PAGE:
1. The reason why the Confederate battle flag doesn't hold racist connotations for many people is because they have never been made aware of what truly led to the Civil War. Growing up in the Deep South, I was always proud of the Stars and Bars and owned one myself. We were taught in school that yeah, the Confederacy had slaves, but that the war was about state's rights and economy and so forth. It wasn't until nearly 25 years later that I learned that yes, the Civil War was indeed about slavery, that such was said and understood by leaders of both sides of the war.

In other words, it's not a matter of "social understanding and tolerance", but of education of what the heck really happened in history.

2. Napoleon once said, "There are no bad regiments, but only bad colonels." His point was about the importance of leadership, of course, but the point also applies to the accountability of a nation's military. Whatever that military does, it's understood that the low-ranking troops, the ground-pounders from mid-grade enlisted and below, should not be held personally responsible for doing what their nation's leaders (and the high-ranking officers in respective commands) order them to do. After all, it wasn't the thousands of Jews who served as enlisted and junior officers in the Wehrmacht who were hung at Nuremberg.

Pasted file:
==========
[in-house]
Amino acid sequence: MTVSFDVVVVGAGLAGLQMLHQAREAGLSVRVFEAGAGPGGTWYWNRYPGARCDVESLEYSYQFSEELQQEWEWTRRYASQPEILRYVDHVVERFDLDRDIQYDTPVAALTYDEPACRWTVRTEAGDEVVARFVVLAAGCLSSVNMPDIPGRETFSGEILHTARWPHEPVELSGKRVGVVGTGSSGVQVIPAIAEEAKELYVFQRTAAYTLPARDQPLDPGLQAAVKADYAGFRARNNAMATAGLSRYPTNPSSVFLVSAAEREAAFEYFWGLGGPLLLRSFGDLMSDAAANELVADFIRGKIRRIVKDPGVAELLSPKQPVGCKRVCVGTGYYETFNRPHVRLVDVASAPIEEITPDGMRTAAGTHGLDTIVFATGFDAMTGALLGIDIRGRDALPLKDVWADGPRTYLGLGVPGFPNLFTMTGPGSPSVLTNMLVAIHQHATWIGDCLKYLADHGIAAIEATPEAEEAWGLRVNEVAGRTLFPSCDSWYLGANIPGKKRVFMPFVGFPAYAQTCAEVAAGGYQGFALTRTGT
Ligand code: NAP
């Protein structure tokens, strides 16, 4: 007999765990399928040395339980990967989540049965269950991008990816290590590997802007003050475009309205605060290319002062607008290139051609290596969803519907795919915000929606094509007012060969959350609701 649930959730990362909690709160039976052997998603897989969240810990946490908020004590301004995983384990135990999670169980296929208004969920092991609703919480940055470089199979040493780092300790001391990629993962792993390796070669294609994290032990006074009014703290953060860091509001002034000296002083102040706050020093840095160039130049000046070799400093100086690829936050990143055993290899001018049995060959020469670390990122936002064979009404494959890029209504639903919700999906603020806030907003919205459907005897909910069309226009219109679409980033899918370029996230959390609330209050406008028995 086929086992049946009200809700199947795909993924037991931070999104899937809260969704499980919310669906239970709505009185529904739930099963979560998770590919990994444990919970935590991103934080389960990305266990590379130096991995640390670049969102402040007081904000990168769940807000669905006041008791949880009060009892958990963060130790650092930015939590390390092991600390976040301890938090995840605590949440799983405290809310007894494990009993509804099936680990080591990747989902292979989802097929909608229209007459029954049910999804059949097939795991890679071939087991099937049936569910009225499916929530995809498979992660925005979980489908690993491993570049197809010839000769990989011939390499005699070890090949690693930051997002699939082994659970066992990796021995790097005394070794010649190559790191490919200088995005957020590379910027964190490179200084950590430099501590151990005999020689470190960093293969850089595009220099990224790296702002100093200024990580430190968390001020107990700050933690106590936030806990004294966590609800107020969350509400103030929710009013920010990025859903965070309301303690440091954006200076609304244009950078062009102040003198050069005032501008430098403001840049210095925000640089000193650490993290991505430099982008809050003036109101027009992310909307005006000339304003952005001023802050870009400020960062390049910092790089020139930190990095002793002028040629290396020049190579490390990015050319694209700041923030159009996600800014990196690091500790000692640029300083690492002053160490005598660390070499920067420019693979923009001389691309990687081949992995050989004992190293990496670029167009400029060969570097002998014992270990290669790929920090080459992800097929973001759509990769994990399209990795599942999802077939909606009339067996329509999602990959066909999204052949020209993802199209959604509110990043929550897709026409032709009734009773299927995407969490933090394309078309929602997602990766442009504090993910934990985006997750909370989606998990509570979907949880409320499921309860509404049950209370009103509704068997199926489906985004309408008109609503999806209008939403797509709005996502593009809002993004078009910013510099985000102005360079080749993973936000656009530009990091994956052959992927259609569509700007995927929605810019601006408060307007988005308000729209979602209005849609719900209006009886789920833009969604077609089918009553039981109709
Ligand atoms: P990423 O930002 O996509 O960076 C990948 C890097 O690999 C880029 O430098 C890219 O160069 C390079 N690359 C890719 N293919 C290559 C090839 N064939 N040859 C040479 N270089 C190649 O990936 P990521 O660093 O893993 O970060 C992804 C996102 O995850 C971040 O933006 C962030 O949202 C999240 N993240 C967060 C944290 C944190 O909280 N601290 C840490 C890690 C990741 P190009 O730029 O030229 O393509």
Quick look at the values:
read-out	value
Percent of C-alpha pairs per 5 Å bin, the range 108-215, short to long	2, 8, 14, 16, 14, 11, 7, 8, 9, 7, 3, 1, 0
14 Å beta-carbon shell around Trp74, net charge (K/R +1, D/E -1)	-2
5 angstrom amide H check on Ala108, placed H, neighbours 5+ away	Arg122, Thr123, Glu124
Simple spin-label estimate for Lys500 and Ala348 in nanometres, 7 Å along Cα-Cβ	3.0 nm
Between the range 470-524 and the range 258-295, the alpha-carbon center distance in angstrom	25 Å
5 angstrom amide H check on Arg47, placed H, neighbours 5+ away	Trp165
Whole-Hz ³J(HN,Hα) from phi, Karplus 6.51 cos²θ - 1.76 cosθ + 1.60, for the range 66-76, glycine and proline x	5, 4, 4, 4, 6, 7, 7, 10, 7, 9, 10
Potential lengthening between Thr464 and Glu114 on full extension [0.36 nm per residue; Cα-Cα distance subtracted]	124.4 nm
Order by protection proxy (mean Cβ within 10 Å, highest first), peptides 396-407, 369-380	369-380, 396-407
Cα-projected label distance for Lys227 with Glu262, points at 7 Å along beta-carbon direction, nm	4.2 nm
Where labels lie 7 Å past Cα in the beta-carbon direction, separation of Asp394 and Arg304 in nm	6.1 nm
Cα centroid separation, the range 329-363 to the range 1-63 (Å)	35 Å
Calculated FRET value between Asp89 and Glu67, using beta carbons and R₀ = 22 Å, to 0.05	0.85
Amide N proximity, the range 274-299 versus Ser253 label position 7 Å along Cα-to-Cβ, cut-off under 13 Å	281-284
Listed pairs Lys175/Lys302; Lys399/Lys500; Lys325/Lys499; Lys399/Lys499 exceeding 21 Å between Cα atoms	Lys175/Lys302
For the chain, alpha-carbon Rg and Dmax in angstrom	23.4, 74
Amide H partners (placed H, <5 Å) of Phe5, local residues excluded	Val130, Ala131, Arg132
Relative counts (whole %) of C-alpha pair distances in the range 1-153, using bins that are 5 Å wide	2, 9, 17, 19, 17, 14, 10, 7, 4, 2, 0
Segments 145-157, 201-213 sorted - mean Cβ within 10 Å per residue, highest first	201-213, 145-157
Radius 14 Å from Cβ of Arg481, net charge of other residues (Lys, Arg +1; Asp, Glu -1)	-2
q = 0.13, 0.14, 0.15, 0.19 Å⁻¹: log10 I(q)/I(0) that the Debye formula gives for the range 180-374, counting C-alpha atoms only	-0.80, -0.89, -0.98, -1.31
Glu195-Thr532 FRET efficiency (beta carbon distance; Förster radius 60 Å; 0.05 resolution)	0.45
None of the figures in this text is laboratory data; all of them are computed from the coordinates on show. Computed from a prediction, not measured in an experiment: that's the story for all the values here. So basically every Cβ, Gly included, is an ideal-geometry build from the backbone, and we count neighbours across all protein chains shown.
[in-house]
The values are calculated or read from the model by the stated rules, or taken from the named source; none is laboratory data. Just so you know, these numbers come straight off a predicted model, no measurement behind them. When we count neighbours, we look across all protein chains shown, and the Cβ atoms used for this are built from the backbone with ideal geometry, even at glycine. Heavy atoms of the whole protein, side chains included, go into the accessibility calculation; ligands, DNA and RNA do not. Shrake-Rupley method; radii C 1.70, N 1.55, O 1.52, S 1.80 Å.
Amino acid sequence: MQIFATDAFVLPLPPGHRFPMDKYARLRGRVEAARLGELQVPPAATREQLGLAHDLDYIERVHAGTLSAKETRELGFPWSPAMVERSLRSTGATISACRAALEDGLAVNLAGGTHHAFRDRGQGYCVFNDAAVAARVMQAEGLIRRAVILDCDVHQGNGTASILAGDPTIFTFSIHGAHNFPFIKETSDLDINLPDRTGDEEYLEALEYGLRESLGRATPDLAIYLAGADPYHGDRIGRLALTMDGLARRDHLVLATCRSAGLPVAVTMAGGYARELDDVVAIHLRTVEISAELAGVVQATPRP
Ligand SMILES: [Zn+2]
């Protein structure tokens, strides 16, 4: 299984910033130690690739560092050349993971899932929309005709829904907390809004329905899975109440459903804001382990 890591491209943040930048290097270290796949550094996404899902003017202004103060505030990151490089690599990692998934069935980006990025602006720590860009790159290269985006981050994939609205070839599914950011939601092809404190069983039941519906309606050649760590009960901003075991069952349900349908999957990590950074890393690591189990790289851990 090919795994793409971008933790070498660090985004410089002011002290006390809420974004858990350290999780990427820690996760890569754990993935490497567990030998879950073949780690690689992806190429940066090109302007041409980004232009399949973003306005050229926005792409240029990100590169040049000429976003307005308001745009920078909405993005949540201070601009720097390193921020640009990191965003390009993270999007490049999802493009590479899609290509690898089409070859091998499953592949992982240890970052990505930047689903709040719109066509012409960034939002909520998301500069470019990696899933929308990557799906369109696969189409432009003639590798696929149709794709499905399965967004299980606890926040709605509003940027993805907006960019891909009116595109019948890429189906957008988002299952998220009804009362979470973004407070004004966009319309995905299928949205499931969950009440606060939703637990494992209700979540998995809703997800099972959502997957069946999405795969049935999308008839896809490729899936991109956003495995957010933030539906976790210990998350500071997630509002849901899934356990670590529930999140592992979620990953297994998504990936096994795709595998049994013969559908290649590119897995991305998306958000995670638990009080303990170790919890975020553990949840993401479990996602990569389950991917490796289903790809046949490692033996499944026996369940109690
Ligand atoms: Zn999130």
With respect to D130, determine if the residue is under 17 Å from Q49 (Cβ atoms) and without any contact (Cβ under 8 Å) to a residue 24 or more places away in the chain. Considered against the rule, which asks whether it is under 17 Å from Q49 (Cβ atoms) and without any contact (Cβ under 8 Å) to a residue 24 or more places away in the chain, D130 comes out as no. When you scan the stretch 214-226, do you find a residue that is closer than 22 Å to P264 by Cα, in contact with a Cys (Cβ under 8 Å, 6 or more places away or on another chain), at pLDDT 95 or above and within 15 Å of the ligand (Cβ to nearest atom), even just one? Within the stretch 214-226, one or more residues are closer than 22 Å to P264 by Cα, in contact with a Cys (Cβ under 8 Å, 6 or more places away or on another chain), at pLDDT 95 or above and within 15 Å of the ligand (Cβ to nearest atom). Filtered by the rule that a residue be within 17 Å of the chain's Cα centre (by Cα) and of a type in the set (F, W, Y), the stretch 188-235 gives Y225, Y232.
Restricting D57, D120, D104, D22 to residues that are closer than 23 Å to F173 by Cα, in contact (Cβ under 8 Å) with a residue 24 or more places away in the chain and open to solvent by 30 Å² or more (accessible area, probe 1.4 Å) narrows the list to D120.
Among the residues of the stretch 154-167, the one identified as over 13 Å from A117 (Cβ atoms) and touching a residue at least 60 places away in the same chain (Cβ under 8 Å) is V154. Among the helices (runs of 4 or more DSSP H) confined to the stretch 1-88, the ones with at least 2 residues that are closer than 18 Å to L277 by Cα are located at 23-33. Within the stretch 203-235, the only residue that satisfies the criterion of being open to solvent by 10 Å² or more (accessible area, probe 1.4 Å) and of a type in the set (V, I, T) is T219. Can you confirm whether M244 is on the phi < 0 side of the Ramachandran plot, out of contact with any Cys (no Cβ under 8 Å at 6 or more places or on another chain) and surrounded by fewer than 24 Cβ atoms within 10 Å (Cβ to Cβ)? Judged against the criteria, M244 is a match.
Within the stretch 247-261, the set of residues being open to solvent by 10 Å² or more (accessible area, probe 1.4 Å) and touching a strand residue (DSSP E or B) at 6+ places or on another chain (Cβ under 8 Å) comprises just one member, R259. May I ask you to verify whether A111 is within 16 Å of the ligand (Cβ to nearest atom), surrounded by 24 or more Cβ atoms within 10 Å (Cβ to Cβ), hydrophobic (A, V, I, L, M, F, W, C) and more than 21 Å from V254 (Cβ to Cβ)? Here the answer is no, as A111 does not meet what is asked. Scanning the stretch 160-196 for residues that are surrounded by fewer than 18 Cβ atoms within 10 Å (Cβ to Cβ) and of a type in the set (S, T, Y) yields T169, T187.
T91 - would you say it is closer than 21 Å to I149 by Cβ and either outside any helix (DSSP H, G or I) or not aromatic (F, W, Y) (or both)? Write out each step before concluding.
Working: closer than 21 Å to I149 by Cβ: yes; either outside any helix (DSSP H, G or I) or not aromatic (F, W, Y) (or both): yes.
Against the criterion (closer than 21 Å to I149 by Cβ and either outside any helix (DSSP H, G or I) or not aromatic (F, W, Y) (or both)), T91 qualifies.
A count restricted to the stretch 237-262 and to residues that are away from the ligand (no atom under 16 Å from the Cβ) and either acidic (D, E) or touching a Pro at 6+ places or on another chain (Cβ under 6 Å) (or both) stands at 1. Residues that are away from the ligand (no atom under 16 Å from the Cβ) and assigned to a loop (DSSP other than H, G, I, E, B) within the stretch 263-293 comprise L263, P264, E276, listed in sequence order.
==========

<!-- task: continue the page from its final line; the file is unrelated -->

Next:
Germany doesn't have statues of Nazi leaders, nor do they tolerate public displays of the Nazi flag. We should take our cue from them.

Retired Navy. Inveterate contrarian. If I haven’t done it, I’ve usually done something close.

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